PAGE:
The server may provide an interface to other devices including, without limitation, clients, other servers, printers, database servers, print servers, file servers, communication servers, distributed servers and the like. Additionally, this coupling and/or connection may facilitate remote execution of program across the network. The networking of some or all of these devices may facilitate parallel processing of a program or method at one or more location without deviating from the scope of the disclosure. In addition, any of the devices attached to the server through an interface may include at least one storage medium capable of storing methods, programs, code and/or instructions. A central repository may provide program instructions to be executed on different devices. In this implementation, the remote repository may act as a storage medium for program code, instructions, and programs.
The software program may be associated with a client that may include a file client, print client, domain client, internet client, intranet client and other variants such as secondary client, host client, distributed client and the like. The client may include one or more of memories, processors, computer readable media, storage media, ports (physical and virtual), communication devices, and interfaces capable of accessing other clients, servers, machines, and devices through a wired or a wireless medium, and the like. The methods, programs, or codes as described herein and elsewhere may be executed by the client. In addition, other devices required for execution of methods as described in this application may be considered as a part of the infrastructure associated with the client.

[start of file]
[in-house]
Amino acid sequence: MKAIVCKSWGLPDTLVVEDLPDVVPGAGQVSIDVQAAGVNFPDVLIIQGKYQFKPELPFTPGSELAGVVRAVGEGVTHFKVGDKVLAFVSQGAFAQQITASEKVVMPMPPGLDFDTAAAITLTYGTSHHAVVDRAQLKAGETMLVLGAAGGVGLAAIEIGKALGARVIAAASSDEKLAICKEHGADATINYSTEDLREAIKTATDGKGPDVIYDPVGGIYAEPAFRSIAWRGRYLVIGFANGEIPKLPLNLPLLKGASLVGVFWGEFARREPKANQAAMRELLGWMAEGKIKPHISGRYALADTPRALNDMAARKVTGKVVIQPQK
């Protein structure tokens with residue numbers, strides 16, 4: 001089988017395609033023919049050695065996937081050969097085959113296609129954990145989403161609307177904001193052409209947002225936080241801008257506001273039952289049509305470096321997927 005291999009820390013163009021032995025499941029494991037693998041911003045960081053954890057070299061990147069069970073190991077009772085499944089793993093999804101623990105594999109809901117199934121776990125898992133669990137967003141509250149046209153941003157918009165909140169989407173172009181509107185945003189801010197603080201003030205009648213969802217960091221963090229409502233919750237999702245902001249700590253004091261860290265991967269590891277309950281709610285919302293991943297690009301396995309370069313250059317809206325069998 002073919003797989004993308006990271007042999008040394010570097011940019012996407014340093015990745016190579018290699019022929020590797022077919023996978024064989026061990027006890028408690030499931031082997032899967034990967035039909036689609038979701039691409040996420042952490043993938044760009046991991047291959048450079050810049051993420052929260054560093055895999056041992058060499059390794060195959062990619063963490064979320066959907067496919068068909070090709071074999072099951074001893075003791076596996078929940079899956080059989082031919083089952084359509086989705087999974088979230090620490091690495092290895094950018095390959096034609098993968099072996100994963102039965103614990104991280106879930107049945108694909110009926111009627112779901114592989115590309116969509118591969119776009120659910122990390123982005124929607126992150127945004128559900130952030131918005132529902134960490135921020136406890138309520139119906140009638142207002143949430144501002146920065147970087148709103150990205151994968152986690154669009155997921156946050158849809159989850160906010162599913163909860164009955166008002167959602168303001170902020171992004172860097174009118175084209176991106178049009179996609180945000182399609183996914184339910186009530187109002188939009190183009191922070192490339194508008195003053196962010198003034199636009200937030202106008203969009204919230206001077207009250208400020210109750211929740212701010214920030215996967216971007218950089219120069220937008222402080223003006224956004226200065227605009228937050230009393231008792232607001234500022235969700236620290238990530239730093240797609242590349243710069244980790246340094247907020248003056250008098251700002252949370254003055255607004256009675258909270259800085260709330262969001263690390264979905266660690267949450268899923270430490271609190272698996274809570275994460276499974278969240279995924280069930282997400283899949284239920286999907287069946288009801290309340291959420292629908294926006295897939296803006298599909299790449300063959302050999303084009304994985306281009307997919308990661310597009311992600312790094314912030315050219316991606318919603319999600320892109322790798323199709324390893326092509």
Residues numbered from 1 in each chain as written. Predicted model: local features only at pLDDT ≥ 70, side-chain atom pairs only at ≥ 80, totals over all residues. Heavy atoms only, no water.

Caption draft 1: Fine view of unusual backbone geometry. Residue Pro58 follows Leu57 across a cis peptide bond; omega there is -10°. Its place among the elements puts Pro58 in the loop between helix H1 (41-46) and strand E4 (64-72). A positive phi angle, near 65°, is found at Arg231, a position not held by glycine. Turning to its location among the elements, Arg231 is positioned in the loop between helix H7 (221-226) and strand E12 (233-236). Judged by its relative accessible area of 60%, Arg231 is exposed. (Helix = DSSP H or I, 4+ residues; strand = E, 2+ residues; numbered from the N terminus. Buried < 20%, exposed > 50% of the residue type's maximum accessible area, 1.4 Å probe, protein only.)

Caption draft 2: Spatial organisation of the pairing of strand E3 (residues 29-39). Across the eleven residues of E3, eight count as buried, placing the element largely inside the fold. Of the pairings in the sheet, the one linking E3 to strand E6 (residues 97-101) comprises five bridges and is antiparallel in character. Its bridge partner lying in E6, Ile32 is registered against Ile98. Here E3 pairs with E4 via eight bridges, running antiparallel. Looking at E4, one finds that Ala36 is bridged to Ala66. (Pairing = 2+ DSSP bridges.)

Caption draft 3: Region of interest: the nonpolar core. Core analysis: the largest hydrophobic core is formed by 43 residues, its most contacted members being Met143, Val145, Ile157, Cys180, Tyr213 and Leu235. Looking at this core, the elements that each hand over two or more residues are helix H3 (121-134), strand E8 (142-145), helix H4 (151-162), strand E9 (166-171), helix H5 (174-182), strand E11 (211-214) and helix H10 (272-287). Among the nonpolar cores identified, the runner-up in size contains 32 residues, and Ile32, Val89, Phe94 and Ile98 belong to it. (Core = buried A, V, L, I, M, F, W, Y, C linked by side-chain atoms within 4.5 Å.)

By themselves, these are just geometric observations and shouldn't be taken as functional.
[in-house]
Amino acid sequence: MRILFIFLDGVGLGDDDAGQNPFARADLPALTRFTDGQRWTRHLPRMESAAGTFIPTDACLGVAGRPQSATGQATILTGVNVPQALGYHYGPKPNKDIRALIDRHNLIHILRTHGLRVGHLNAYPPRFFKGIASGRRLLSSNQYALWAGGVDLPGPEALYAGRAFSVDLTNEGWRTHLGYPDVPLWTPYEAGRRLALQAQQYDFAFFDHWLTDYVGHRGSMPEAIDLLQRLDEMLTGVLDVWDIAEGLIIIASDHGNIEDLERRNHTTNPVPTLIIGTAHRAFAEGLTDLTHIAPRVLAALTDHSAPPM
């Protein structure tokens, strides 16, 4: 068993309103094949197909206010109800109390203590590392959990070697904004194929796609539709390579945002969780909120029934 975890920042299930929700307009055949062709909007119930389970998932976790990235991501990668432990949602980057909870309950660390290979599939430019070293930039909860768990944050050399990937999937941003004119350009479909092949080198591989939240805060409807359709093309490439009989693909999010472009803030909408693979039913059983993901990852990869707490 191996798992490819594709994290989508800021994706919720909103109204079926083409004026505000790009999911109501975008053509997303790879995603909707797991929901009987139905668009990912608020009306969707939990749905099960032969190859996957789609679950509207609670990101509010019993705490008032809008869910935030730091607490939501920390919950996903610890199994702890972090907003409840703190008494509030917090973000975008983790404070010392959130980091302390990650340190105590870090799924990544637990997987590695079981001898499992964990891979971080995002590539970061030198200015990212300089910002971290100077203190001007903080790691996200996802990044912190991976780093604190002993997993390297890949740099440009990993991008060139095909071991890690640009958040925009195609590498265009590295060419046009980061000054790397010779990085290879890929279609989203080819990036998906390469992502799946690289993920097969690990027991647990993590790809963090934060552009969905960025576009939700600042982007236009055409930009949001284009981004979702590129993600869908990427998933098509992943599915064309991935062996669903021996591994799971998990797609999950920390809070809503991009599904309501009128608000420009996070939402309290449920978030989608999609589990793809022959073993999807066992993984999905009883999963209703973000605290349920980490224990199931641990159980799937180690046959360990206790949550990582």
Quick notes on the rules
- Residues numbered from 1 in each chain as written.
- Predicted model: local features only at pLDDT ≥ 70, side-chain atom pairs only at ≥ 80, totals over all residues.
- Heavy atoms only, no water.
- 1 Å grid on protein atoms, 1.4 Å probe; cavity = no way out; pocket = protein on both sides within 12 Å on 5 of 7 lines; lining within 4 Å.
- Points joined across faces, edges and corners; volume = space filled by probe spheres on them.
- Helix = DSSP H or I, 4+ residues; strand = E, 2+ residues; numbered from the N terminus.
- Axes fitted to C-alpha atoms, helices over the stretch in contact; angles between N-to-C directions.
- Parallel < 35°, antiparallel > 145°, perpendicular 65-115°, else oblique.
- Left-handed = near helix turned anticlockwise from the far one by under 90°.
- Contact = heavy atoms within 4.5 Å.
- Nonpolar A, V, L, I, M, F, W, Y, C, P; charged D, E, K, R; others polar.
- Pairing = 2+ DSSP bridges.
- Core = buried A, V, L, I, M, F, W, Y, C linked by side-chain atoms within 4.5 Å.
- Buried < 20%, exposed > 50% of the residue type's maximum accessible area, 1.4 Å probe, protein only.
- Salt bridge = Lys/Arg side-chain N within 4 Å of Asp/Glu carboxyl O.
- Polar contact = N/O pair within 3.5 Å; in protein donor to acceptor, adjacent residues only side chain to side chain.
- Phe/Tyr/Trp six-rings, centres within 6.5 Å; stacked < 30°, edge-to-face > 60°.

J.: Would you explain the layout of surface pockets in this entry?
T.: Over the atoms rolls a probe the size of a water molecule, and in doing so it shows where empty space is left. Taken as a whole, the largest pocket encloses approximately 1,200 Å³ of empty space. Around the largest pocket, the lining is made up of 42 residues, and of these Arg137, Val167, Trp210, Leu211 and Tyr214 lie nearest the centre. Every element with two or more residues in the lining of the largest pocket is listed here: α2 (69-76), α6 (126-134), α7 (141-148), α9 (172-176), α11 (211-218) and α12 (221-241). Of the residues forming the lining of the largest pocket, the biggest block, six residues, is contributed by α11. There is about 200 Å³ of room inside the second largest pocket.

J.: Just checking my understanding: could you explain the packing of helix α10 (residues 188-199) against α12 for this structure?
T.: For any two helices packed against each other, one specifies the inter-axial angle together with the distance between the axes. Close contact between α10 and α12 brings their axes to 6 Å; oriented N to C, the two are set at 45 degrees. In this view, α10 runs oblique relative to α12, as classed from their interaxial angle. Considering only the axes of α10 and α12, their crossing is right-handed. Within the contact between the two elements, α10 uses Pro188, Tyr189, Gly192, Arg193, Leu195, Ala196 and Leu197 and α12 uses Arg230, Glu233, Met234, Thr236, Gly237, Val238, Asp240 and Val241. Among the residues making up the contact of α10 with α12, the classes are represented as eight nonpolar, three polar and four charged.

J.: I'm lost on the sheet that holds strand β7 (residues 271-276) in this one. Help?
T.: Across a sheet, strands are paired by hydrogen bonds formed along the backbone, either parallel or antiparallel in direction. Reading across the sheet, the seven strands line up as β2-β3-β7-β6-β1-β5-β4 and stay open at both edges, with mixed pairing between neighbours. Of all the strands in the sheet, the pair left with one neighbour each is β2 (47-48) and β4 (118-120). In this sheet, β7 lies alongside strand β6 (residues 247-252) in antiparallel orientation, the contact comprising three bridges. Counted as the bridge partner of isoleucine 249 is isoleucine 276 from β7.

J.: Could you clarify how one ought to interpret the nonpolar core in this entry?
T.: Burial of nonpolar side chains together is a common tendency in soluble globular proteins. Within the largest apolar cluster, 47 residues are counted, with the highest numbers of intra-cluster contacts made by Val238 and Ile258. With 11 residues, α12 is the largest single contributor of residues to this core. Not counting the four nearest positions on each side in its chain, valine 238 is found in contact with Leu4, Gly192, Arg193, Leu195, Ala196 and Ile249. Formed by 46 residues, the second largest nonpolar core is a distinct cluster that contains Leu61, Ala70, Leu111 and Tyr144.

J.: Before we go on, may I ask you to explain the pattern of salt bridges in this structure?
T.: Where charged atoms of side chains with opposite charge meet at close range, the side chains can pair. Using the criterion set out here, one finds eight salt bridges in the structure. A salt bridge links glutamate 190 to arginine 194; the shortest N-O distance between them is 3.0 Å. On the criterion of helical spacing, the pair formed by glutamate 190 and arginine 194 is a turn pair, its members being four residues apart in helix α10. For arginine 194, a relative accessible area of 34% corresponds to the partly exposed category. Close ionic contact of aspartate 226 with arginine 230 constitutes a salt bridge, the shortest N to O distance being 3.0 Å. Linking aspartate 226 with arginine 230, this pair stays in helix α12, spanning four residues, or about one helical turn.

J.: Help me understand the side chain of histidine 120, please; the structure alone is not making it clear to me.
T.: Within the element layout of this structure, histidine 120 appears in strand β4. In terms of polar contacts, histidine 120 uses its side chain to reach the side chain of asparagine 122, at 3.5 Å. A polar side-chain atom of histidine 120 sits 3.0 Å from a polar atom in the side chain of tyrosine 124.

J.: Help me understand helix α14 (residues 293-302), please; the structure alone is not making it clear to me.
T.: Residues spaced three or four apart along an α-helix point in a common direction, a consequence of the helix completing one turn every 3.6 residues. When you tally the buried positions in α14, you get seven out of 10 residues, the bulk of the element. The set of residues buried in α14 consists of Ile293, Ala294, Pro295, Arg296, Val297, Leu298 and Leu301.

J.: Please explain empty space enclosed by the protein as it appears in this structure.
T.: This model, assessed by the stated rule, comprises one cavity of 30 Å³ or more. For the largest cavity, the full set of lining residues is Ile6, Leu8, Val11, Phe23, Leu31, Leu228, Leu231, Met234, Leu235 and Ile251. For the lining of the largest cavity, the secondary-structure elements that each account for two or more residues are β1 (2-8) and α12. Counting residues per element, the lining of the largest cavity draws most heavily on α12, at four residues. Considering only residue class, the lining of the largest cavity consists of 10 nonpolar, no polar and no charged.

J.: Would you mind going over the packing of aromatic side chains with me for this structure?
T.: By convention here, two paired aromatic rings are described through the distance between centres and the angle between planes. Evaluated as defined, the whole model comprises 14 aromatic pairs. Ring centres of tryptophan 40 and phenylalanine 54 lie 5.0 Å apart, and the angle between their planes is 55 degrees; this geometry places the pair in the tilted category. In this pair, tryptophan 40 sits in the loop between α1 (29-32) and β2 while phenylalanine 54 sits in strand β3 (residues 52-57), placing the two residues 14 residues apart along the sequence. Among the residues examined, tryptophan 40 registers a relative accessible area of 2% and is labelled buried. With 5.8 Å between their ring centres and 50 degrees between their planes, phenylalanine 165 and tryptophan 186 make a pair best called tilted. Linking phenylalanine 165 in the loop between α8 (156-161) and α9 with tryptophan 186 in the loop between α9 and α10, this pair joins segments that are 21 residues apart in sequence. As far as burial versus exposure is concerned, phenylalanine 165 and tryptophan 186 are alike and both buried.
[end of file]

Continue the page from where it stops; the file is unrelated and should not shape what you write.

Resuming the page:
The client may provide an interface to other devices including, without limitation, servers, other clients, printers, database servers, print servers, file servers, communication servers, distributed servers and the like. Additionally, this coupling and/or connection may facilitate remote execution of program across the network. The networking of some or all of these devices may facilitate parallel processing of a program or method at one or more location without deviating from the scope of the disclosure. In addition, any of the devices attached to the client through an interface may include at least one storage medium capable of storing methods, programs, applications, code and/or instructions. A central repository may provide program instructions to be executed on different devices. In this implementation, the remote repository may act as a storage medium for program code, instructions, and programs.
The methods and systems described herein may be deployed in part or in whole through network infrastructures. The network infrastructure may include elements such as computing devices, servers, routers, hubs, firewalls, clients, personal computers, communication devices, routing devices and other active and passive devices, modules and/or components as known in the art. The computing and/or non-computing device(s) associated with the network infrastructure may include, apart from other components, a storage medium such as flash memory, buffer, stack, RAM, ROM and the like. The processes, methods, program codes, instructions described herein and elsewhere may be executed by one or more of the network infrastructural elements.